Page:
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The Ascension of Jesus Christ a Sure Foundation of Our Faith

Mark 16:14-16

Ascension Day

C. F. W. Walther

(Translated by Rev. Donald E. Heck)

Oh Jesus, how glorious is your name in all the earth! For our redemption you not only descended into the lowest places of the earth, but also ascended with divine majesty over the heaven of heavens. As you did not come into this world poor and miserable for your sake, so you also did not leave it in glory and honor for your sake; as you did not struggle for yourself, so you were also not victorious for yourself but for us whose sins you bore and whose righteousness you became.

That is why you still make known your great deeds to men; that is why you have again today given us the great grace of being able to gather and hear of your victory.

Gracious, universal, and glorious Savior, let not today's preaching of your glory be in vain. Let everyone know that he shares in your being received into heaven and seated at the right hand of the Father.

Oh Lord Jesus, all of us are already victorious with you because you are our head and the Lord of our salvation. Drive away our unbelief which supposes that your ascension does not concern us. Give us that faith, which says not only when you hung on the cross but also how that you sit on your throne. You are mine! Hear us, King of heaven and King of sinners for your own sake. Amen.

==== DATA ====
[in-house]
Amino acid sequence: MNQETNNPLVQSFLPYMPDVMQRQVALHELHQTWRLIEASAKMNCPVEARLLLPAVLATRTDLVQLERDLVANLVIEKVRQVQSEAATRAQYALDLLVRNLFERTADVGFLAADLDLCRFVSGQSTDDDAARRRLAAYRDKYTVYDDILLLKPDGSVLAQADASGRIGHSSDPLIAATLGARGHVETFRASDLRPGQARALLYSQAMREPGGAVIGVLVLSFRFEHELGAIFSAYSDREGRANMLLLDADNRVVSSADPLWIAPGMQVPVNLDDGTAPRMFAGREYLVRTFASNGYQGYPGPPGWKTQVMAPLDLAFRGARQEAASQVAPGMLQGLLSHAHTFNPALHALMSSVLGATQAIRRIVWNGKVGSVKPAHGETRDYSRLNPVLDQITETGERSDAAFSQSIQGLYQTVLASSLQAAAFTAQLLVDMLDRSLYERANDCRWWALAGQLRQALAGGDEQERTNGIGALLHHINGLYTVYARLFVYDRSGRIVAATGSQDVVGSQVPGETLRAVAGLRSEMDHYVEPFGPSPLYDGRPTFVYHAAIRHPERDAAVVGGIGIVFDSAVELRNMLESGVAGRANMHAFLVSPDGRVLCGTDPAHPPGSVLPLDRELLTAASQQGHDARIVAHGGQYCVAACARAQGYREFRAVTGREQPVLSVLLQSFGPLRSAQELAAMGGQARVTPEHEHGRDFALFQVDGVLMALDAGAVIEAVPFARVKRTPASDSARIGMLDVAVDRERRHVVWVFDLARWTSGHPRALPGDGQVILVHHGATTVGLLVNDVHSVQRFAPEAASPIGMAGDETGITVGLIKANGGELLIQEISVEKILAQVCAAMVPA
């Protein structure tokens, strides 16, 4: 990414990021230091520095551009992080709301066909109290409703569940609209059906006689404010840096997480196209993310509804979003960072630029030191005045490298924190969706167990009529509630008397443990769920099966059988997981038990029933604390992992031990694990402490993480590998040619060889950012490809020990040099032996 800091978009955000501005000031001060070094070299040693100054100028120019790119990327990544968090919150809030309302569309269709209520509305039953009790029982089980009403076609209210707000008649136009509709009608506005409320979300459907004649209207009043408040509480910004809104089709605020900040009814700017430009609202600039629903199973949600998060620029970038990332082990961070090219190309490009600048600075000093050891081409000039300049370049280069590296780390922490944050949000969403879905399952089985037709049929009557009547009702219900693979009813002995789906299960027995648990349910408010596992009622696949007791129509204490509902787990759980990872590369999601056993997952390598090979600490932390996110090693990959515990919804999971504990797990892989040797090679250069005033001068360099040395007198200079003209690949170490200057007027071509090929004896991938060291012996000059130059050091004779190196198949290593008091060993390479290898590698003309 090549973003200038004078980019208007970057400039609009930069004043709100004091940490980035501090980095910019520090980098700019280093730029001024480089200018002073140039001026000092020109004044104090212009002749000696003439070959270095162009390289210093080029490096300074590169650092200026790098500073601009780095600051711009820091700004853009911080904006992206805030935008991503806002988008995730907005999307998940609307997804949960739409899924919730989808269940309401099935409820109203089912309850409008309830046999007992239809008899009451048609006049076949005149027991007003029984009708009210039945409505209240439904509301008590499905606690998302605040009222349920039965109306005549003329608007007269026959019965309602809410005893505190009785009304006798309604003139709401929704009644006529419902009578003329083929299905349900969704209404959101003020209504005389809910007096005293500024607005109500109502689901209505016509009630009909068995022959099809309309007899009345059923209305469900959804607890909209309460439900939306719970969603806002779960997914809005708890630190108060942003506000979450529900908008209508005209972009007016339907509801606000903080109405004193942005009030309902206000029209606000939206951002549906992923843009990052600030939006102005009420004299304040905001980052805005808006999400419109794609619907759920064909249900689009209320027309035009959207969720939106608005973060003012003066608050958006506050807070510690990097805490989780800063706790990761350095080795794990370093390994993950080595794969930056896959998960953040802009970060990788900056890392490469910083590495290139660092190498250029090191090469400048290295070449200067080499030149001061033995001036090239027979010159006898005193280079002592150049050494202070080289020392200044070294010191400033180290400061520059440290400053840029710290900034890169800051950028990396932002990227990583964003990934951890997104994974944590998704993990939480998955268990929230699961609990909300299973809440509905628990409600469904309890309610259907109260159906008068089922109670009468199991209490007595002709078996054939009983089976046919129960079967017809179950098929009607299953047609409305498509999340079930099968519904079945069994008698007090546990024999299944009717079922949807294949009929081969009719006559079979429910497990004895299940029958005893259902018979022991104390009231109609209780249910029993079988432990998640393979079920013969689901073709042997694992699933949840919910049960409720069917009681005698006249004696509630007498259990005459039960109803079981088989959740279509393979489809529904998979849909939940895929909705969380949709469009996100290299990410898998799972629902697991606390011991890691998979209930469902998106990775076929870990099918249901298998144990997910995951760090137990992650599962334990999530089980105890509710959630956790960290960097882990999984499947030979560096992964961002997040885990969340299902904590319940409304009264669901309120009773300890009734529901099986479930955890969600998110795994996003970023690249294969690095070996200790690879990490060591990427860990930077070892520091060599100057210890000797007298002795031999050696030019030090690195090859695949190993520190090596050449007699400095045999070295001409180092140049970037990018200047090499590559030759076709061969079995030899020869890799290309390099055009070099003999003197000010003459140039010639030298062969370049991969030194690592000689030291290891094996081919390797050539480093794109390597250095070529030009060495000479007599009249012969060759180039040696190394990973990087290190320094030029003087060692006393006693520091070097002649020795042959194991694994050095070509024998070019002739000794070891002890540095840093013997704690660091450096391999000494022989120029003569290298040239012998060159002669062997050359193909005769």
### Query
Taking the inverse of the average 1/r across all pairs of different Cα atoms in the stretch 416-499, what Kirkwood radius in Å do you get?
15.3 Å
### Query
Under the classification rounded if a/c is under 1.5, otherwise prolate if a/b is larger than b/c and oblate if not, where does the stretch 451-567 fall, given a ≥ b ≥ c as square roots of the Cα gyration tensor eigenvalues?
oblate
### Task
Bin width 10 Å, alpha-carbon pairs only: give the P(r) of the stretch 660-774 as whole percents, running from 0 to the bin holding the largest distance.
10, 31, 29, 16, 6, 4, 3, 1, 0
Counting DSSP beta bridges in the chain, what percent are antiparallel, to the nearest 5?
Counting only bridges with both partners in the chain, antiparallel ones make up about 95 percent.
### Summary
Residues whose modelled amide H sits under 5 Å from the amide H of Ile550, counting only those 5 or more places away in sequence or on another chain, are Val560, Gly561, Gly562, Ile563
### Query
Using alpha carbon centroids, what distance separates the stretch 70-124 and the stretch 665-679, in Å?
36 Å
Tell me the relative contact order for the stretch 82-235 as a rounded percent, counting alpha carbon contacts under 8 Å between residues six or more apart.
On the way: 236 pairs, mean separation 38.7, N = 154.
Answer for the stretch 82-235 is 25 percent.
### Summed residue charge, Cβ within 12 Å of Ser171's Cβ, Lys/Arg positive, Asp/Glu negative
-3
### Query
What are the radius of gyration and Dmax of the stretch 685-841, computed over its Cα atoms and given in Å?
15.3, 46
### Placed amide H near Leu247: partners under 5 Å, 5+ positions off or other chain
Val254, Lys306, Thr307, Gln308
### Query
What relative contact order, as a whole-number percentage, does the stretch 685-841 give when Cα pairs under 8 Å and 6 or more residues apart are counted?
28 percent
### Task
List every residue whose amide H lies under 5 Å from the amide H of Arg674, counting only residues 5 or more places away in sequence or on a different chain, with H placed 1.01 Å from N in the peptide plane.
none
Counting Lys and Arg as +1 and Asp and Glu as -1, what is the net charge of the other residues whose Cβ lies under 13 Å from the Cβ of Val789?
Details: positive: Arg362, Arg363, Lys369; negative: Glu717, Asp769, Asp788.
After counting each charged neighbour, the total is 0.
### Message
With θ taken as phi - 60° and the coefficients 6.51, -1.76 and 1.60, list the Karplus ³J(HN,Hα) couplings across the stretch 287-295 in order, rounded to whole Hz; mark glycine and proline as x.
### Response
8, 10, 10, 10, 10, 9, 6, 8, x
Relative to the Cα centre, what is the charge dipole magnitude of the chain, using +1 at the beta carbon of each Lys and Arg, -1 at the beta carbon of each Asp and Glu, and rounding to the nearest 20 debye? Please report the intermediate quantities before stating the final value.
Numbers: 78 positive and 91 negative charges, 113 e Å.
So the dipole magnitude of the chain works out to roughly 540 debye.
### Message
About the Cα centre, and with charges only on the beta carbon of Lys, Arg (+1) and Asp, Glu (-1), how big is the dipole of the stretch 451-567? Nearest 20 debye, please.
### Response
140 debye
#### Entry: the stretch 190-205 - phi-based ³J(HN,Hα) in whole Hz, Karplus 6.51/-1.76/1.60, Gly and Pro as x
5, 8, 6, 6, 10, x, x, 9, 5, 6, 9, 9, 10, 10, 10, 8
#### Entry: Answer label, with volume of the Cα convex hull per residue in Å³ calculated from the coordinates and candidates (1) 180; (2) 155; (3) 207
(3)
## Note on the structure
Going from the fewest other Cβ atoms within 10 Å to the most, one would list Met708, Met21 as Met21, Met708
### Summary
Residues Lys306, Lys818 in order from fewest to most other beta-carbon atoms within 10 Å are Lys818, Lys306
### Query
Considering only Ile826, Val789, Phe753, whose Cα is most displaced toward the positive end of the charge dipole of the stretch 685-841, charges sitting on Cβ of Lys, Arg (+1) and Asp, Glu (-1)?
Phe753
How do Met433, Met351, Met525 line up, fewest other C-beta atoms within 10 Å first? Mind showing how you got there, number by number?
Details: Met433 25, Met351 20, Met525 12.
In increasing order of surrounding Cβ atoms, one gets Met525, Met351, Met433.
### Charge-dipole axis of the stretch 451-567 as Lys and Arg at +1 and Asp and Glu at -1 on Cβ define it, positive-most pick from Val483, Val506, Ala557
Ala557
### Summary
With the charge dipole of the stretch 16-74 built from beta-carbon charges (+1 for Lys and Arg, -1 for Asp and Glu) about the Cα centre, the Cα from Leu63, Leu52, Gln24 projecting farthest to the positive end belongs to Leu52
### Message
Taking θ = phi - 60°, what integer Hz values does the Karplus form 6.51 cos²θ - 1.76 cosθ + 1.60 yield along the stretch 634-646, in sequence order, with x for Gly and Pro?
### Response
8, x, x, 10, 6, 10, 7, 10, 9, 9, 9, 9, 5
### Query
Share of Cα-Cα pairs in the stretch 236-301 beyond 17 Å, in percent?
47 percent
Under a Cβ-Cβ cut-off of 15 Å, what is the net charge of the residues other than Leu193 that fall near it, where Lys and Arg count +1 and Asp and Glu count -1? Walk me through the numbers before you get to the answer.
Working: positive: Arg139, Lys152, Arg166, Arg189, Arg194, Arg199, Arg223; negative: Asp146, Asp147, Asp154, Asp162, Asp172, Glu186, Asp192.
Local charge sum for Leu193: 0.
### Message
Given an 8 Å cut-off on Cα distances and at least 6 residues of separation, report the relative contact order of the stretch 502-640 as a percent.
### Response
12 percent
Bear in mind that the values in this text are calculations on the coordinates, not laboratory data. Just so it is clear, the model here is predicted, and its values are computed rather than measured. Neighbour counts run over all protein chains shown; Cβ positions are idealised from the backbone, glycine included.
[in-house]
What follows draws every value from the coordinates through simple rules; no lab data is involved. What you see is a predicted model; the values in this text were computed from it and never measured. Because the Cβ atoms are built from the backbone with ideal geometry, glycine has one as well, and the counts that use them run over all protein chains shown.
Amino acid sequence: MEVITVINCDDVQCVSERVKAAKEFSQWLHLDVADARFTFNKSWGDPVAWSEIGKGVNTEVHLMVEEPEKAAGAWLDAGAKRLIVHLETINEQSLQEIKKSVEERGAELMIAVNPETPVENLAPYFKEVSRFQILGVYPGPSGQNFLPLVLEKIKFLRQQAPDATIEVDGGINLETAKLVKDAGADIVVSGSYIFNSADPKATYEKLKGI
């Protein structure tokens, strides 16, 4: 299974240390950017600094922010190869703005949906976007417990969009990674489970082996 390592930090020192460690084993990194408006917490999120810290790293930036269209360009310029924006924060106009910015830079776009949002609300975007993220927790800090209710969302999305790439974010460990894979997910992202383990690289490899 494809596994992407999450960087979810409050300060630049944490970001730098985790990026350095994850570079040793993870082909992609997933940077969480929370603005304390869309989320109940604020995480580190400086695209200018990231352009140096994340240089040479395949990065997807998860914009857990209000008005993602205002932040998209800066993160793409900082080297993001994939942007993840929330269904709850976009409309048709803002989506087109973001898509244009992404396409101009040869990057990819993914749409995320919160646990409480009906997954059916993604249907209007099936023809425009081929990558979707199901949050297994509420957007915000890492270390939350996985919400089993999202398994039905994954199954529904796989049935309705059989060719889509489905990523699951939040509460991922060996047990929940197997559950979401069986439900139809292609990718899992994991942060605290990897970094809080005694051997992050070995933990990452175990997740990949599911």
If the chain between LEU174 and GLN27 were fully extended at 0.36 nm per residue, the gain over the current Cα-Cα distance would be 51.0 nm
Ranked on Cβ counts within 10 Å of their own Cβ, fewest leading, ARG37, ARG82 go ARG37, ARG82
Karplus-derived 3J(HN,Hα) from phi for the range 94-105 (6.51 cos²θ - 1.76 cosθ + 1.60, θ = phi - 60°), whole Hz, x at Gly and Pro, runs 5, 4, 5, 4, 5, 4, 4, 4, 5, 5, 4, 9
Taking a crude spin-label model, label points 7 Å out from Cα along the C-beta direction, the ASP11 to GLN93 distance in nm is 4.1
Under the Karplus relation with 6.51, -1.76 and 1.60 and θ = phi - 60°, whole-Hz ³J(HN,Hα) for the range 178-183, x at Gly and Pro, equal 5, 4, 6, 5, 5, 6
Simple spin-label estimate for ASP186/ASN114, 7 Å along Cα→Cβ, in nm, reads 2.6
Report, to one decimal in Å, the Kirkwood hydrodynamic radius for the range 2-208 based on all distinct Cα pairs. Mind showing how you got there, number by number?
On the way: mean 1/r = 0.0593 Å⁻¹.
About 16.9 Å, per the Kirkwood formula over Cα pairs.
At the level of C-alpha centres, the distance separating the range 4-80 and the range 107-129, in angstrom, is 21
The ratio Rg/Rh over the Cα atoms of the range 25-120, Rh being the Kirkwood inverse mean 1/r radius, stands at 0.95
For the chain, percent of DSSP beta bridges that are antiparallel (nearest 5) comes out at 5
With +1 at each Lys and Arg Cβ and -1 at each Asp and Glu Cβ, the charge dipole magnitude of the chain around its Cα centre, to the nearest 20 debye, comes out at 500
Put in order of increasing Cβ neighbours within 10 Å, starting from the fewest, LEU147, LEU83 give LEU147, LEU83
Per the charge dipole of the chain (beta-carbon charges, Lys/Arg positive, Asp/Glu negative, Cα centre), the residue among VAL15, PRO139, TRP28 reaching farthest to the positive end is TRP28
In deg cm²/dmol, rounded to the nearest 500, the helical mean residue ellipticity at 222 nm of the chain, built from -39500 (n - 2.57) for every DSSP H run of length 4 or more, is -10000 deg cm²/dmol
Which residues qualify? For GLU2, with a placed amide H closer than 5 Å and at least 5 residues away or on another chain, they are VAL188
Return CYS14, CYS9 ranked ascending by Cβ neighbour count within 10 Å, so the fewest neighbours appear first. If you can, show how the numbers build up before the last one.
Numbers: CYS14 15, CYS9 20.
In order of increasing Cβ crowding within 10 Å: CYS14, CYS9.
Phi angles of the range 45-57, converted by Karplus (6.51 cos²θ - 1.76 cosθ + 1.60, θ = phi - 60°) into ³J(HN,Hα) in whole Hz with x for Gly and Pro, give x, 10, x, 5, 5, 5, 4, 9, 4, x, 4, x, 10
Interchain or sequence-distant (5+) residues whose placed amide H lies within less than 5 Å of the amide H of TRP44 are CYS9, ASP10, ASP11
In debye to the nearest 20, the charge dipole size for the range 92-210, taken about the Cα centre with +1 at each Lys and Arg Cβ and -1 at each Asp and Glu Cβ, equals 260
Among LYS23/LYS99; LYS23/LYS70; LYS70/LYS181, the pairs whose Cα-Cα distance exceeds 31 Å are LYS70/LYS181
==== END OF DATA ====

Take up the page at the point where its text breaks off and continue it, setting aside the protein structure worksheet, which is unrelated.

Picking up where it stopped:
In the Ascended Christ, dear hearers.

We are gathered here before God to commemorate a great, precious, and glorious fact. Today we celebrate the coronation of our King of grace, Jesus Christ. I mean the festival of the glorious ascension.

It would be reasonable that today everyone who knows that he is baptized into this great Lord and Savior should joyfully enter and leave the house of the Lord. Yes, it should be reasonable, because we find the believers of the Old Covenant happily praising God when they merely foresaw this day in the spirit. David cries out, "O clap your hands, all ye people; shout unto God with the voice of triumph. God is gone up with a shout, the Lord with the sound of a trumpet. Sing praises to God, sing praises; sing praises unto our King, sing praises. For God is the King of all the earth; sing ye praises with understanding. God reigneth over the heathen; God sitteth upon the throne of his holiness." (Psalm 47:1,5-8). The author of the 68th Psalm also rejoices and says, "The chariots of God are twenty thousand, even thousands of angels; the Lord is among them, as in Sinai, in the holy place. Thou hast ascended on high, thou hast led captivity captive; thou hast received gifts for men, yea, for the rebellious also, that the Lord God might dwell among them. Blessed be the Lord, who daily loadeth us with benefits, even the God of our salvation. Selah. He that is our God is the God of salvation; and unto God the Lord belong the issues from death. Sing unto God, ye kingdoms of the earth; O sing praises unto the Lord; Selah; to him that rideth upon the heavens of heavens. Ascribe ye strength unto God; his excellency is over Israel and his strength is in the clouds. Blessed be God." (Psalm 68:17-20,32,33a,34,35c).